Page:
Georgetown McDonough | Mr. Navy Vet
GRE 310, GPA 2.6
Stanford GSB | Mr. Pizza For Breakfast
GMAT 730, GPA 3.6
INSEAD | Mr. Behavioral Changes
GRE 336, GPA 5.8/10
Chicago Booth | Ms. IB Hopeful
GMAT 710, GPA 2.77
London Business School | Mr. Indian Banking Leader
GMAT 750, GPA 3.32
Columbia | Mr. Infra-Finance
GMAT 710, GPA 3.68
Kenan-Flagler | Mr. Top Performer
GMAT 730, GPA 3.3
Harvard | Ms. Comeback Kid
GMAT 780, GPA 2.6
Darden | Mr. Military Communications Officer
GRE Not taken yet, GPA 3.4
Kellogg | Ms. Retail To Technology
GMAT 670, GPA 3.8
Ross | Mr. Top 25 Hopeful
GMAT 680, GPA 3.3
UCLA Anderson | Ms. Qualcomm Quality
GMAT 660, GPA 3.4
Chicago Booth | Ms. Hotel Real Estate
GMAT 730, GPA 3.75
Chicago Booth | Mr. EduTech
GRE 337, GPA 3.9
Yale | Mr. Gay Social Scientist
GMAT 740, GPA 2.75 undergrad, 3.8 in MS
MIT Sloan | Mrs. Company Leader
GMAT 760, GPA 2.92
Wharton | Mr. Cross-Border
GMAT 780, GPA 3.7
UCLA Anderson | Mr. Career Change
GMAT Have yet to take. Consistent 705 on practice tests., GPA 3.5
HEC Paris | Mr. Introverted Dancer
GMAT 720, GPA 4.0
Kellogg | Mr. Safety Guy
GMAT 720, GPA 3.3
Kellogg | Mr. Danish Raised, US Based
GMAT 710, GPA 10.6 out of 12
Harvard | Mr. Aspiring FinTech Entrepreneur
GMAT 750, GPA 3.9
Stanford GSB | Mr. Fill In The Gaps
GRE 330, GPA 3.21
McCombs School of Business | Mr. Texas Recruiter
GMAT 770, GPA 3.04
USC Marshall | Mr. Strategy Consultant
GMAT 730, GPA 4.0
Berkeley Haas | Mr. Entertainment Agency
GMAT 750, GPA 3.8
Chicago Booth | Mr. Quant
GMAT 750, GPA 3.7

Female Grads Report 45% Rise In Salary

Business school women of the Class of 2011 reported sizable increases over their pre-degree salaries of 45%, outpacing the average increase of 39% for men, according to the Graduate Management Admission Council. Overall, 84% of the women in the Class of 2011 were employed at the time of graduation, and nine out of 10 said they got the type of job they wanted.

Of course, one reason why women outpaces men in terms of their immediate post-MBA salary boost was because they entered graduate school with lower salaries than the men. So the percentage increase looks much better. All that said,

GMAC also reported that 90% of women feel their advanced business degree–be it an MBA or a one-year master’s–is an “outstanding, excellent or good value”–on par with 93% of men. In the U.S., in fact, 94% of women who recently earned an MBA or other business master’s degree said their education was an outstanding, excellent or good value, versus 91% of the men.

GMAC also found that the number one reason women attend a full-time MBA program is to change job functions. Some 39% of women in the study cited this as the reason (see table left). The second top reason was to change industries, cited by 29%, while the third reason to pursue an MBA was to work outside their country of citizenship (25%), which reflects the largest number of GMAT test takers outside the U.S.

GMAC, which administers the GMAT exam, a record number of women took the GMAT test: 106,800, up from 105,900 a year earlier. It was the third year in a row that more than 100,000 exams were taken by women. All told, women represented 41% of the 258,192 GMAT exams taken last year by prospective business school students.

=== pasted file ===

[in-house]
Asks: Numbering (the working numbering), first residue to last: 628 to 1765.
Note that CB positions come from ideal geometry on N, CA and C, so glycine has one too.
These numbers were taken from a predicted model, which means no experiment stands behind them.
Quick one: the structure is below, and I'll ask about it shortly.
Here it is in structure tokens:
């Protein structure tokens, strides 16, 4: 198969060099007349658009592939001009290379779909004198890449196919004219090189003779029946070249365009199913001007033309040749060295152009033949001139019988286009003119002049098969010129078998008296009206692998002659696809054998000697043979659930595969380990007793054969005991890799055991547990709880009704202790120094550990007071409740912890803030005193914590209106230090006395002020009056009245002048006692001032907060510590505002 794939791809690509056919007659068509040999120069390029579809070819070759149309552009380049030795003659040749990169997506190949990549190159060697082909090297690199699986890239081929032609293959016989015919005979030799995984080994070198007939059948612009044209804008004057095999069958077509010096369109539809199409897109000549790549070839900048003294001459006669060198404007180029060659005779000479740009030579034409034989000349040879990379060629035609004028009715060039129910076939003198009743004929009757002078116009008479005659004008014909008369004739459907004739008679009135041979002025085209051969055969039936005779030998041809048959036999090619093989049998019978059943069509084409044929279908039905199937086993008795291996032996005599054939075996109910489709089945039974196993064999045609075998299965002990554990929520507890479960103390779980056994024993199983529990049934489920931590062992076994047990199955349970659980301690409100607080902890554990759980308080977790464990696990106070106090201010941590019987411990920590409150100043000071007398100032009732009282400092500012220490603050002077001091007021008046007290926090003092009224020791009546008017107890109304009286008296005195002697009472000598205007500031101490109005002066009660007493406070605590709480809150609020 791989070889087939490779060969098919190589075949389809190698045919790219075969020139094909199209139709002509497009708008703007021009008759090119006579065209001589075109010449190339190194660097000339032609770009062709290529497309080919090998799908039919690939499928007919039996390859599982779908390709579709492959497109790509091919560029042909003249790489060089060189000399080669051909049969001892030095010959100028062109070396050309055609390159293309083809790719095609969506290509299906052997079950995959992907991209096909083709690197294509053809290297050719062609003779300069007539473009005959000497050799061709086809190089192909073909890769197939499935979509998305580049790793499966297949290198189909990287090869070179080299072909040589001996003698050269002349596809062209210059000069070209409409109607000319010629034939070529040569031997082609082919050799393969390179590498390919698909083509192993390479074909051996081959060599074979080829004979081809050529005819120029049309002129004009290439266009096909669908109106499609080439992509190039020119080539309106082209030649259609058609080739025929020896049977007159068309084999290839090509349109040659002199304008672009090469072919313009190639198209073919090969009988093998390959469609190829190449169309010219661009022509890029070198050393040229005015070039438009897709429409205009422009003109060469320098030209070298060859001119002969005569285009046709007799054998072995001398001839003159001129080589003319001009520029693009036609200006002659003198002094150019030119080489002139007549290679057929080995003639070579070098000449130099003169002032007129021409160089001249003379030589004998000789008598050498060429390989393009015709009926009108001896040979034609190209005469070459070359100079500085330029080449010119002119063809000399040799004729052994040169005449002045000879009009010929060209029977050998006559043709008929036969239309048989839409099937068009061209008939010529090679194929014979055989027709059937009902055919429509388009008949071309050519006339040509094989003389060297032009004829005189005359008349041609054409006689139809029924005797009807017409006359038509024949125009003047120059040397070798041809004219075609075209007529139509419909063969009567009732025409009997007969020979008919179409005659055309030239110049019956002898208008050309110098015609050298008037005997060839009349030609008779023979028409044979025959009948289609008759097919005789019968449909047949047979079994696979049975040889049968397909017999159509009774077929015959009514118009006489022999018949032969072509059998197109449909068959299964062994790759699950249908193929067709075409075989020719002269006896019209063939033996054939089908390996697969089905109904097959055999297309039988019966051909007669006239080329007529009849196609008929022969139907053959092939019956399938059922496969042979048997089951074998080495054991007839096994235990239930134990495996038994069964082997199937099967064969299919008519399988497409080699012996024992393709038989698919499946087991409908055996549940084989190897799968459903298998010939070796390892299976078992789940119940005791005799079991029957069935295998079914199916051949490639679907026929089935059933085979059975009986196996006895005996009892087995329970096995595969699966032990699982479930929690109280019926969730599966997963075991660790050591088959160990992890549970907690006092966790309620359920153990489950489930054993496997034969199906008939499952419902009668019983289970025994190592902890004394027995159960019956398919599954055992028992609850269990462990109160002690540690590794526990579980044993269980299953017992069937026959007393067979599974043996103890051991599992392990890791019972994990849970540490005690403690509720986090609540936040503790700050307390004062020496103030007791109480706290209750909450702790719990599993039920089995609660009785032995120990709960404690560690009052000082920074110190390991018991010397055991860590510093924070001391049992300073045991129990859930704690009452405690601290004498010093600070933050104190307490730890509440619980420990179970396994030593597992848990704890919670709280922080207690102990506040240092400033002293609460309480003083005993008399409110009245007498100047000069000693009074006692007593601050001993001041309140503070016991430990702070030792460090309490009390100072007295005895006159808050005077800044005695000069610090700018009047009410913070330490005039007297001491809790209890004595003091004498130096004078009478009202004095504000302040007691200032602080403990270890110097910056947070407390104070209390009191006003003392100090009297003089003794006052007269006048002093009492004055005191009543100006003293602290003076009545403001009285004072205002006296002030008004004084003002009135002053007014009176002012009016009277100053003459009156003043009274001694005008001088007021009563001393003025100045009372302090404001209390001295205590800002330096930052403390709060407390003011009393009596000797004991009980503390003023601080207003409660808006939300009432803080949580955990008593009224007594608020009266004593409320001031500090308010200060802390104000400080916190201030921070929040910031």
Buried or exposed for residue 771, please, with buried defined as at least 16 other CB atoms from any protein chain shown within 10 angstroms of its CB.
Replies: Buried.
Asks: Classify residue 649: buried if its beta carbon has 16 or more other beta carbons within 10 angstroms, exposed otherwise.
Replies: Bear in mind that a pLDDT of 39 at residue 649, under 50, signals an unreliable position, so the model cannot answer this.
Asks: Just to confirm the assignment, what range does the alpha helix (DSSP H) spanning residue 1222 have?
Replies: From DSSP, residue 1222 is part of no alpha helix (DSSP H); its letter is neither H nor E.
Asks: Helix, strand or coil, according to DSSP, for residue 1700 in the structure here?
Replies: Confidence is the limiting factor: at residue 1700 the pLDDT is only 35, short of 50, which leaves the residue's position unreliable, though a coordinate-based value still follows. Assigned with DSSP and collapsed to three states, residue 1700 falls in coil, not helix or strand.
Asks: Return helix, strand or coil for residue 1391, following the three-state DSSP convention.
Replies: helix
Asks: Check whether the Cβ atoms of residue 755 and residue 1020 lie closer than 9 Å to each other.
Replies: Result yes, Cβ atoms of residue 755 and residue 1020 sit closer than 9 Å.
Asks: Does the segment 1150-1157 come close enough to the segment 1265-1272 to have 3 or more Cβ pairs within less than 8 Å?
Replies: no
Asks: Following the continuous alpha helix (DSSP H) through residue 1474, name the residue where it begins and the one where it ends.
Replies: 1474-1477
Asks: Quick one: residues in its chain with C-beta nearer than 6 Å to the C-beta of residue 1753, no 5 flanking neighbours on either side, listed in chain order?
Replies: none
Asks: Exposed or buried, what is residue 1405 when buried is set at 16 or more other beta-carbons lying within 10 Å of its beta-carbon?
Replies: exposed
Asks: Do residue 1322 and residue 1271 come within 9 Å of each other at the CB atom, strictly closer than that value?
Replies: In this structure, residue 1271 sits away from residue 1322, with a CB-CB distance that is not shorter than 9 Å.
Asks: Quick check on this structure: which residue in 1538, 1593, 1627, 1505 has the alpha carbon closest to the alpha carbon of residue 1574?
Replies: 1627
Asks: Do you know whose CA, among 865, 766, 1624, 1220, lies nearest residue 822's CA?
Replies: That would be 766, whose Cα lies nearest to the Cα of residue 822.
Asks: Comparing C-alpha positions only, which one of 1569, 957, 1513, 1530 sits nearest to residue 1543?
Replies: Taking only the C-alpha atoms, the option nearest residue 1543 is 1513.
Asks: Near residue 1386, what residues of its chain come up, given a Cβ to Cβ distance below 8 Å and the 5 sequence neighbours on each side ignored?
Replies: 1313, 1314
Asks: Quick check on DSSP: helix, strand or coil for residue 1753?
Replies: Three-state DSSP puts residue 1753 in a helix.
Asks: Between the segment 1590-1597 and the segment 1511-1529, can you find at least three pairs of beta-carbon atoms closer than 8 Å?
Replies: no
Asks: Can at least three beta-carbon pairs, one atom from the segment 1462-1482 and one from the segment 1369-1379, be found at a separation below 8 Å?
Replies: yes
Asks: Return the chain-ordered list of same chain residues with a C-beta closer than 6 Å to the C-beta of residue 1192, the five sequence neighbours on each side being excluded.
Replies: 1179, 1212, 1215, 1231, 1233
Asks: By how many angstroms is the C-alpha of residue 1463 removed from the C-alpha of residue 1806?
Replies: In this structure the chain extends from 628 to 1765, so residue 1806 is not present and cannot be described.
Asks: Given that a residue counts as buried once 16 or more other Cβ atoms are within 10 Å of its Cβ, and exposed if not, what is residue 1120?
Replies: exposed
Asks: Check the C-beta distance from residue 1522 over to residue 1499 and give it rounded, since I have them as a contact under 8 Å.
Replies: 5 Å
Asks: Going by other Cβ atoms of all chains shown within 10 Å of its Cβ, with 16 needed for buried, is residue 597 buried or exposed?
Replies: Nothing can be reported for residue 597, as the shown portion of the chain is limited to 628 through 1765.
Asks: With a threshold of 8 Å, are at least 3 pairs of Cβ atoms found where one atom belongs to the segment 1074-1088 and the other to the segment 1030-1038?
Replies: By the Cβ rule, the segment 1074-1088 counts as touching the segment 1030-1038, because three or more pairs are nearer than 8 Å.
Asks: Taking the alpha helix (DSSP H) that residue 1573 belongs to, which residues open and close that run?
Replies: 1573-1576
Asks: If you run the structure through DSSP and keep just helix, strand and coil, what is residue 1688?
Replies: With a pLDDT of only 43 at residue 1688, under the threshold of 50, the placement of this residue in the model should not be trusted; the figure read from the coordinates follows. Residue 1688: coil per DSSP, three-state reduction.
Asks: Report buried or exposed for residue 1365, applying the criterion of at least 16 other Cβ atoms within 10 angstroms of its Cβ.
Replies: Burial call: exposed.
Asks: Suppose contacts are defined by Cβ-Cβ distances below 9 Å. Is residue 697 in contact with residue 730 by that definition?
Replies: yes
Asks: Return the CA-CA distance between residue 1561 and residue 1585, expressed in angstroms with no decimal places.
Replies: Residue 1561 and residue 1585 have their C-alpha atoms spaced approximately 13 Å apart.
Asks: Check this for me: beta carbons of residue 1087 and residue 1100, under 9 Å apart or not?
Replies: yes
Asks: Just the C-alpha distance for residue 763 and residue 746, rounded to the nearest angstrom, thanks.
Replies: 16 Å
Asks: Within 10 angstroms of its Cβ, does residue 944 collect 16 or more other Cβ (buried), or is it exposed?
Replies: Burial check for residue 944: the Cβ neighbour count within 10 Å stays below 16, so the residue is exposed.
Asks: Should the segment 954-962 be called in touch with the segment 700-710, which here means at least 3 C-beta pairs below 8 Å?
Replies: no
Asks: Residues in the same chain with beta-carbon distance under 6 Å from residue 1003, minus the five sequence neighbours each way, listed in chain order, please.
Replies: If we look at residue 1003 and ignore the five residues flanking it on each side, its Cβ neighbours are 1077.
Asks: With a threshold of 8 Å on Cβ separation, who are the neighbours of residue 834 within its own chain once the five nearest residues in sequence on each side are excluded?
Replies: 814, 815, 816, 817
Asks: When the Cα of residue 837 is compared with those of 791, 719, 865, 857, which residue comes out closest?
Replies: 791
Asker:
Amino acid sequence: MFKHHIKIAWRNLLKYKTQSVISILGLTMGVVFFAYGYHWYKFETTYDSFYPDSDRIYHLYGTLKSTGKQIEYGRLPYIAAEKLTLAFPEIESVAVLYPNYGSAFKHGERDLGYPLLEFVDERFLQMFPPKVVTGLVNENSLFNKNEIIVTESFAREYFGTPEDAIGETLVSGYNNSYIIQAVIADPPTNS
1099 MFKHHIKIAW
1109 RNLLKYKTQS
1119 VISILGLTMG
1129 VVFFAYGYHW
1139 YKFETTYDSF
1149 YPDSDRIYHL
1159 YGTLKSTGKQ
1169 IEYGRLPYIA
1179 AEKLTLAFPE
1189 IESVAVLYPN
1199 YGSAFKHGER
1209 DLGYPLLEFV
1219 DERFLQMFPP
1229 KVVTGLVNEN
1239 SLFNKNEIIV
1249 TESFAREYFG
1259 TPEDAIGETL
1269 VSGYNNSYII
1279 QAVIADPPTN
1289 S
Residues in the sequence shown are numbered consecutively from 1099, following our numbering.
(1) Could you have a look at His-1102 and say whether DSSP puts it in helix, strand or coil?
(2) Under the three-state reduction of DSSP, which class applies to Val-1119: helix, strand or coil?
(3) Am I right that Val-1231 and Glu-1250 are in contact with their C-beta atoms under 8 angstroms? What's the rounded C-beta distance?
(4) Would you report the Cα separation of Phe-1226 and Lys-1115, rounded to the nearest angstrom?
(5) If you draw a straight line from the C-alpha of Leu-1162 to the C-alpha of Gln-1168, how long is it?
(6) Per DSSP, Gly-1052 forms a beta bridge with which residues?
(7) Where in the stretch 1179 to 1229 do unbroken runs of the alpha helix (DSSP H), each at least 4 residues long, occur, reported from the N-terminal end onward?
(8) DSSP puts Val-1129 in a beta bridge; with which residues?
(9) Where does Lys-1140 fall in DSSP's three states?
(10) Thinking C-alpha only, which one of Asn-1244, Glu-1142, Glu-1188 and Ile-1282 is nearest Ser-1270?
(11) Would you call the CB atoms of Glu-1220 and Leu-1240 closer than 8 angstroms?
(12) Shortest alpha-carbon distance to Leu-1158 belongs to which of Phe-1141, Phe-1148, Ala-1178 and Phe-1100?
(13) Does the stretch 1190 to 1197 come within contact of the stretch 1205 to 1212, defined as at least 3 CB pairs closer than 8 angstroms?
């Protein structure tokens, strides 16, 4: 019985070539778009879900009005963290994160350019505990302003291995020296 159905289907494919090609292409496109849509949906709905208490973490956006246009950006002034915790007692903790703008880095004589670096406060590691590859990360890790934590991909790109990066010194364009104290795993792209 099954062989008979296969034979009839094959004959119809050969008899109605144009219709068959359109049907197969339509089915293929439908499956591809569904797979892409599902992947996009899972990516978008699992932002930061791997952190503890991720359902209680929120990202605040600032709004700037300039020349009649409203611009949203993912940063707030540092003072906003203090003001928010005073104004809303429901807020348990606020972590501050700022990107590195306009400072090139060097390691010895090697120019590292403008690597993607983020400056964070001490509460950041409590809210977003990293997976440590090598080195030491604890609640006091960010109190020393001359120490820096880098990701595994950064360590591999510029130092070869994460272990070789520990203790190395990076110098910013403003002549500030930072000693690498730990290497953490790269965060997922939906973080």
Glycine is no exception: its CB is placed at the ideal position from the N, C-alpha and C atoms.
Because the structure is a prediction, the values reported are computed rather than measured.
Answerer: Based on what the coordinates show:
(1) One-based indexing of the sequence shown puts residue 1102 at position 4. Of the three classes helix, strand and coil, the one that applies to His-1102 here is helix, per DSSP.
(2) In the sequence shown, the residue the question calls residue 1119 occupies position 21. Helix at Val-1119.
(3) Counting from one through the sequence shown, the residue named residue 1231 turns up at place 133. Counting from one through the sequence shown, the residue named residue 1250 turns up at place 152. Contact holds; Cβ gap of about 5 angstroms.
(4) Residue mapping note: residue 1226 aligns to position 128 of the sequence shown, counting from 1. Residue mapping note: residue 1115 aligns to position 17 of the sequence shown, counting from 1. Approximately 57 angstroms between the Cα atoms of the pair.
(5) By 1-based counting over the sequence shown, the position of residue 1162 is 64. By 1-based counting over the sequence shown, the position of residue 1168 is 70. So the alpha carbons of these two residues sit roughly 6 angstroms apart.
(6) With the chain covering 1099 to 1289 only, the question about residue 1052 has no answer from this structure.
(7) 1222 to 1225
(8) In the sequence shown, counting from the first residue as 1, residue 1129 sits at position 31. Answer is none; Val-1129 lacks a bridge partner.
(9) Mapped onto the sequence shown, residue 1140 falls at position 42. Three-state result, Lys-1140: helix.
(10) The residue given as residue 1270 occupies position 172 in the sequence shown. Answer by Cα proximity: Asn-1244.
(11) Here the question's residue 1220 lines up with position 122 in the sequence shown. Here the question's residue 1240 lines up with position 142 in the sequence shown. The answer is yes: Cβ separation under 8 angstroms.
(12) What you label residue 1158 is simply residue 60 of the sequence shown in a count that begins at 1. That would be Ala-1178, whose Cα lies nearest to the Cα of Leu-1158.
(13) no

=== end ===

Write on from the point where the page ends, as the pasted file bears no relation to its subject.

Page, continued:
Chinese women are making up a surprisingly high number of prospective business school students and now account for 64% of all GMAT test takers in China last year (see table below). In 2011, women in China took 25,671 exams, second only to the women in the U.S. who sat for 45,735 exams, 39% of the total exams taken in the U.S. “The number of Chinese women taking the test is growing exponentially,” said Michelle Sparkman-Renz, director of research communications for GMAC.

What’s more, many of the Asian women taking the test are significantly younger with less work experience. “Of the 107,000 exams taken by women, more than 50% were younger than the age of 25,” added Sparkman-Renz.

“Decades ago the GMAT was used as a filter for U.S. business schools to identify prospective MBA students around the world. Today it’s used for an entire portfolio of master’s degrees in accounting, finance, marketing and public administration.”

Prospective female students reported spending less time in each of the main decision-making stages on route to B-school than their male counterparts last year. On average, women took 31.9 months from completion of their undergraduate degree to first consideration of graduate management education, compared with 36.4 months for men.

“Women not only enter the pipeline at an earlier age,” said Sparkman-Renz. “They move through it at a faster pace. Men will spend five years from first consideration to application. Women are moving in just over four years (4.4 years). The pace is strikingly different.”

The data was released today (Feb. 29) during a media webinar sponsored by GMAC. The organization put out a vast number of statistics on women in business schools.

Among prospective students, GMAC added, a greater percentage of women than men said they intended to pursue graduate management education for professional credentials (58% women vs. 54% men), personal satisfaction and achievement (58% women vs. 51% men, and to increase job opportunities (73% women vs. 68% men).


About The Author

John A. Byrne is the founder and editor-in-chief of C-Change Media, publishers of Poets&Quants and four other higher education websites. He has authored or co-authored more than ten books, including two New York Times bestsellers. John is the former executive editor of Businessweek, editor-in-chief of Businessweek. com, editor-in-chief of Fast Company, and the creator of the first regularly published rankings of business schools. As the co-founder of CentreCourt MBA Festivals, he hopes to meet you at the next MBA event in-person or online.